Even so, discussions are ongoing and bearing in mind Pakatan’s three-pronged Common Policy Framework, Buku Jingga, and progressive-reformist democratic spirit, one can be certain that with the takeover of Putrajaya the coalition is committed to laying the foundations for a return of the third vote.

The final area which requires some attention is cultural: a change in the mindset of the people towards the role of local government in relation to the state and federal governments. 

It is high time we acknowledge the different roles and responsibilities held by elected or appointed representatives, and maintain healthy expectations of what can and should be done by such representatives. 

This means we need to start seeing state assemblypersons and members of Parliament as legislators, whose primary function is to draft laws based on the experiences and responses received from their constituents; and we must recognize that local/municipal councillors are the go-to persons when it comes to local concerns such as rubbish, roads, and rodents.

Equally important is the awareness that democracy must be returned to the grassroots level, meaning that we need to keep the people interested in the democratic process of elections. 

There is little point in being able to elect one’s mayor, but so very few actually turn out to vote.

Lastly, a reality check: perhaps we may not be able to accomplish all on our wishlist for local elections.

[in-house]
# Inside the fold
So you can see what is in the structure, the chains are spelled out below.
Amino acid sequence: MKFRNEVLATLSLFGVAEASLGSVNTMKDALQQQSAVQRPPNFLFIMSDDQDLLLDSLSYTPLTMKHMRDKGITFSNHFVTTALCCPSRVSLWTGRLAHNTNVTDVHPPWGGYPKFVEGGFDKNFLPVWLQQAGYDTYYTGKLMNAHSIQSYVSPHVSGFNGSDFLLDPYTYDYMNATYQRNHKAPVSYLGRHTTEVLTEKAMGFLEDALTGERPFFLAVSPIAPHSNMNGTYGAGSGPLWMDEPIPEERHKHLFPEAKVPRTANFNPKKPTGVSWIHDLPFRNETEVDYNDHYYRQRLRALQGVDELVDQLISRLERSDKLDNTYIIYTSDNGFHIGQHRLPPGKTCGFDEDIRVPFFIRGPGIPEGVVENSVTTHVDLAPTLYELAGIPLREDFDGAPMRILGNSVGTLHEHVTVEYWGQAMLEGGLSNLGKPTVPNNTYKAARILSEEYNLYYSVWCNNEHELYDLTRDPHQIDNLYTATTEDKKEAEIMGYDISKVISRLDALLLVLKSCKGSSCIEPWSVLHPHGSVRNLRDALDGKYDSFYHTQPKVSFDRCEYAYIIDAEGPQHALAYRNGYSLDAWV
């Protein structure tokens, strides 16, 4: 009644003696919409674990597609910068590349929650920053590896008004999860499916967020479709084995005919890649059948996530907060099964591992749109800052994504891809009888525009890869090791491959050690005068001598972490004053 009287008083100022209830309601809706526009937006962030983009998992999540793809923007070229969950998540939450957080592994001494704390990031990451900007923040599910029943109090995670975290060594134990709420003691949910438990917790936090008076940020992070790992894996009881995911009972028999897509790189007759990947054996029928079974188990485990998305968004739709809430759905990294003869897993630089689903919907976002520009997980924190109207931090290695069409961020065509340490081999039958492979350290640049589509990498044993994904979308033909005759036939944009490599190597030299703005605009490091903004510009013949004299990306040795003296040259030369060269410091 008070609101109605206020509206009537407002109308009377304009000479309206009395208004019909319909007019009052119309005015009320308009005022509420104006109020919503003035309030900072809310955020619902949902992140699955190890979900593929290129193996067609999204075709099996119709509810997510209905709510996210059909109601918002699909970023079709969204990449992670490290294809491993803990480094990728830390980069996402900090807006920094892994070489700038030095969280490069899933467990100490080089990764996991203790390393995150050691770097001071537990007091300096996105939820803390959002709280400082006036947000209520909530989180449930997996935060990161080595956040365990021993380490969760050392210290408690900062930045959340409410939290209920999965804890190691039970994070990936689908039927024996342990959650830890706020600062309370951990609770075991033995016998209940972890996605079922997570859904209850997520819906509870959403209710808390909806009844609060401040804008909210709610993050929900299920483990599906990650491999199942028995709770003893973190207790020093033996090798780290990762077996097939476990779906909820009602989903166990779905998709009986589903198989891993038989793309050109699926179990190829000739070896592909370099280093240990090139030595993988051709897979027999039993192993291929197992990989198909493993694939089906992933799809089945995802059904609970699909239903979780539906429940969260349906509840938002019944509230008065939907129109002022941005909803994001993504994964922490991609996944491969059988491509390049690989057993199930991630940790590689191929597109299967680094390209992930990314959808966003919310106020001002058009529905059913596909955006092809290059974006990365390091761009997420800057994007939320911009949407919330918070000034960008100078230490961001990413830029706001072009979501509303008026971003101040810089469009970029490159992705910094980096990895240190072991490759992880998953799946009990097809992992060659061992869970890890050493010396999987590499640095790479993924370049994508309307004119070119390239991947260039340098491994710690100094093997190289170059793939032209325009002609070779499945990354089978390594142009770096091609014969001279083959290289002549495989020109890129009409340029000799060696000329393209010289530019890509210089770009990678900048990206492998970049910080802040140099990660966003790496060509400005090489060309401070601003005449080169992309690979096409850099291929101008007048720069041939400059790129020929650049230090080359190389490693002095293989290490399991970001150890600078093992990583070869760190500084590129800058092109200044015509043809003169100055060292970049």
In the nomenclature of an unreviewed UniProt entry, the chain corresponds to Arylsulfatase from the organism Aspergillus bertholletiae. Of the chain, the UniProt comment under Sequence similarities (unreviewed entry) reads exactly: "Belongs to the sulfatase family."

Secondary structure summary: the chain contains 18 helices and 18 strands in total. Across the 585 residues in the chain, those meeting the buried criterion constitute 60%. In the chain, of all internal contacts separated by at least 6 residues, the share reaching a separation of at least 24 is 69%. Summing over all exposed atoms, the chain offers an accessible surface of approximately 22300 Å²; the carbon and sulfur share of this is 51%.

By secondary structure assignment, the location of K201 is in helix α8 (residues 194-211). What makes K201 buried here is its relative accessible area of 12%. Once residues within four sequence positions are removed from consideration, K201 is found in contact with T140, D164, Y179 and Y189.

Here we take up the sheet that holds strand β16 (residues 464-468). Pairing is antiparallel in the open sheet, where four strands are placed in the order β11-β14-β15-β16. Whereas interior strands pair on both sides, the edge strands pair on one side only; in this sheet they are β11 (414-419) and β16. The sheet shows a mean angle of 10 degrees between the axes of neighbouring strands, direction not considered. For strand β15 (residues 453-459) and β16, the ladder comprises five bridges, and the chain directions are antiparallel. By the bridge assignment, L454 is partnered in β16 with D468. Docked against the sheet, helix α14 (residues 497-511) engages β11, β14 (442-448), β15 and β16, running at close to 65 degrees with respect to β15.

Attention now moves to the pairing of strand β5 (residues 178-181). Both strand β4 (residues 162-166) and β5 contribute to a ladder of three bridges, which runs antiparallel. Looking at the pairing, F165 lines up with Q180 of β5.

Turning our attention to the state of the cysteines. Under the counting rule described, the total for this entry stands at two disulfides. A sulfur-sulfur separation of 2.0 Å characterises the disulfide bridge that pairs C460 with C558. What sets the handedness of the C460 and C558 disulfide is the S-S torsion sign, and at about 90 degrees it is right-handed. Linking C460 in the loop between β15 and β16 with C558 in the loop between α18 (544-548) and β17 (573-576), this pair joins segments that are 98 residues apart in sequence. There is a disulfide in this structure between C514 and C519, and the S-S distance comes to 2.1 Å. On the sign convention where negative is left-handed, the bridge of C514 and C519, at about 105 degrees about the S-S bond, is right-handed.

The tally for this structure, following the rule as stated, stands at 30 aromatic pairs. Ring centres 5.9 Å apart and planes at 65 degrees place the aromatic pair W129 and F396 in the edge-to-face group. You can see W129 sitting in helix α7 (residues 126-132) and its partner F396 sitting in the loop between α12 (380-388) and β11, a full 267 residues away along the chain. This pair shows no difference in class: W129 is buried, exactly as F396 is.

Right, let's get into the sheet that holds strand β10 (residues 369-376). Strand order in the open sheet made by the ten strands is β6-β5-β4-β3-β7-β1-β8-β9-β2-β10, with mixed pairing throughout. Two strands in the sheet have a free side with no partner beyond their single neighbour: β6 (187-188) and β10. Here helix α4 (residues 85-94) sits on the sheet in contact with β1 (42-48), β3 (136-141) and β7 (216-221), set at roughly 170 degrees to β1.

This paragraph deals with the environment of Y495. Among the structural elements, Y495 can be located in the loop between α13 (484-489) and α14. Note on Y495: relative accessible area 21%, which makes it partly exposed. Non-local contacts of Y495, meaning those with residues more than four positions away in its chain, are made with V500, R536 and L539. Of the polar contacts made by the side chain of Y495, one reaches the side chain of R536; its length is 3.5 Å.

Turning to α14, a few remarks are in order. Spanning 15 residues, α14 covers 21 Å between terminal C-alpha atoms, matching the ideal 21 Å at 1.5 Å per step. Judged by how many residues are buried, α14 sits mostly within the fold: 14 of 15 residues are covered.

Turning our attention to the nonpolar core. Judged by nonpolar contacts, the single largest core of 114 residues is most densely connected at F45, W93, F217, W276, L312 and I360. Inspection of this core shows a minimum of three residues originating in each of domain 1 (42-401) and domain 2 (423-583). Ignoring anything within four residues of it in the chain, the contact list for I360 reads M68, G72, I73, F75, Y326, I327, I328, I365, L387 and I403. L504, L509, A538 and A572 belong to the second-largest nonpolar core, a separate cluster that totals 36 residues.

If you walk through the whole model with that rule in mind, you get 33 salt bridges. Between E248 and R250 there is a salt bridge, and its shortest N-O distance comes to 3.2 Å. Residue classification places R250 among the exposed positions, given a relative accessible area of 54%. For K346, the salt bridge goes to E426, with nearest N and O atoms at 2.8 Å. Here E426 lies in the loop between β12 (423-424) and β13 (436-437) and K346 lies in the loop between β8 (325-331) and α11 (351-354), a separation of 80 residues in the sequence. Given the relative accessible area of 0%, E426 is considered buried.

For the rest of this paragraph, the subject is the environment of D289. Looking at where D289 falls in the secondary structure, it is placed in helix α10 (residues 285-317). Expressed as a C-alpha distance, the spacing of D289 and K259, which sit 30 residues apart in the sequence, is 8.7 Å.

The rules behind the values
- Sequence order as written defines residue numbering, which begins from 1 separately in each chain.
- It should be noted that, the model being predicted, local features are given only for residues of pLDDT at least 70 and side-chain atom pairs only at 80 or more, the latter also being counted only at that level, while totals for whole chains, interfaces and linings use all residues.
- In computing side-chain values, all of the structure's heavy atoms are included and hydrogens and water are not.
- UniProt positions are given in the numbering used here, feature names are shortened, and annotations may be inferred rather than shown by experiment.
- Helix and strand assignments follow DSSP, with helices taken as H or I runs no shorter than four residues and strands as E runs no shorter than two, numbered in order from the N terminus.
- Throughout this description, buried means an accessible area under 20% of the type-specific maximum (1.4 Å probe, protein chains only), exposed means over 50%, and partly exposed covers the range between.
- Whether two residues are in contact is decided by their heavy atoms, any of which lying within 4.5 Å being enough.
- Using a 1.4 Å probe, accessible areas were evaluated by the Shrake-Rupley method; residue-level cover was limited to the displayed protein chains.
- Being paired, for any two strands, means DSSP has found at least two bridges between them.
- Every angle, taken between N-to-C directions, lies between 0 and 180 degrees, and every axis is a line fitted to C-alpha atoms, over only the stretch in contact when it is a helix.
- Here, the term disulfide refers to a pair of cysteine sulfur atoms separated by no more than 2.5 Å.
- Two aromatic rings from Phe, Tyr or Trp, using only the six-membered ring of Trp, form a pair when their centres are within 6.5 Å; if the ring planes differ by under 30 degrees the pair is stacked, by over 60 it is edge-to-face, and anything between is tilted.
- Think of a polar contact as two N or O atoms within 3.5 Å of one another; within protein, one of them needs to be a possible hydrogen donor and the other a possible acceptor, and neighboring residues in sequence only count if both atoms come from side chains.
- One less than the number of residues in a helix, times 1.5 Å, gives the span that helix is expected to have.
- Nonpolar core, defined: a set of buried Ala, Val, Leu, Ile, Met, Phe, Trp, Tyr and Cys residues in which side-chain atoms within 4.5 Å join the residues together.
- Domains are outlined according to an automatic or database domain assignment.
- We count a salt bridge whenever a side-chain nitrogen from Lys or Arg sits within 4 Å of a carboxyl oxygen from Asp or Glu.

What is critical is seeing that change is coming, slowly and gradually, and we must work equally hard to ensure that the coming change is positive, sustainable, and lasting.


 Selangor Times



Also by Fahmi Fadzil:

New beginnings

Farewell 2012, Hello 13GE

WHAT a year it has been! Who would’ve thought that much of these past 11 months would have sped by with such ferocity?

Reconsidering elected representatives

What is the role of a member of Parliament? A state assemblyperson (ADUN)? A local councillor? 

The day after...

In my last article, I wrote about the need to imagine the hours, days, weeks, and months following the 13th General Election (a most enigmatic event, whose precise date is and will forever be a mystery... until it is called!). 

Change must come but not with violence

A few days ago, I read an article by Liew Chin Tong, the MP for Bukit Bendera, entitled “The Last Mile” (The Rocket, July 2, 2012).

Let’s keep thuggery out

I have been working for Nurul Izzah and Parti Keadilan Rakyat since October 2010.

Cleaner, freer, fairer, better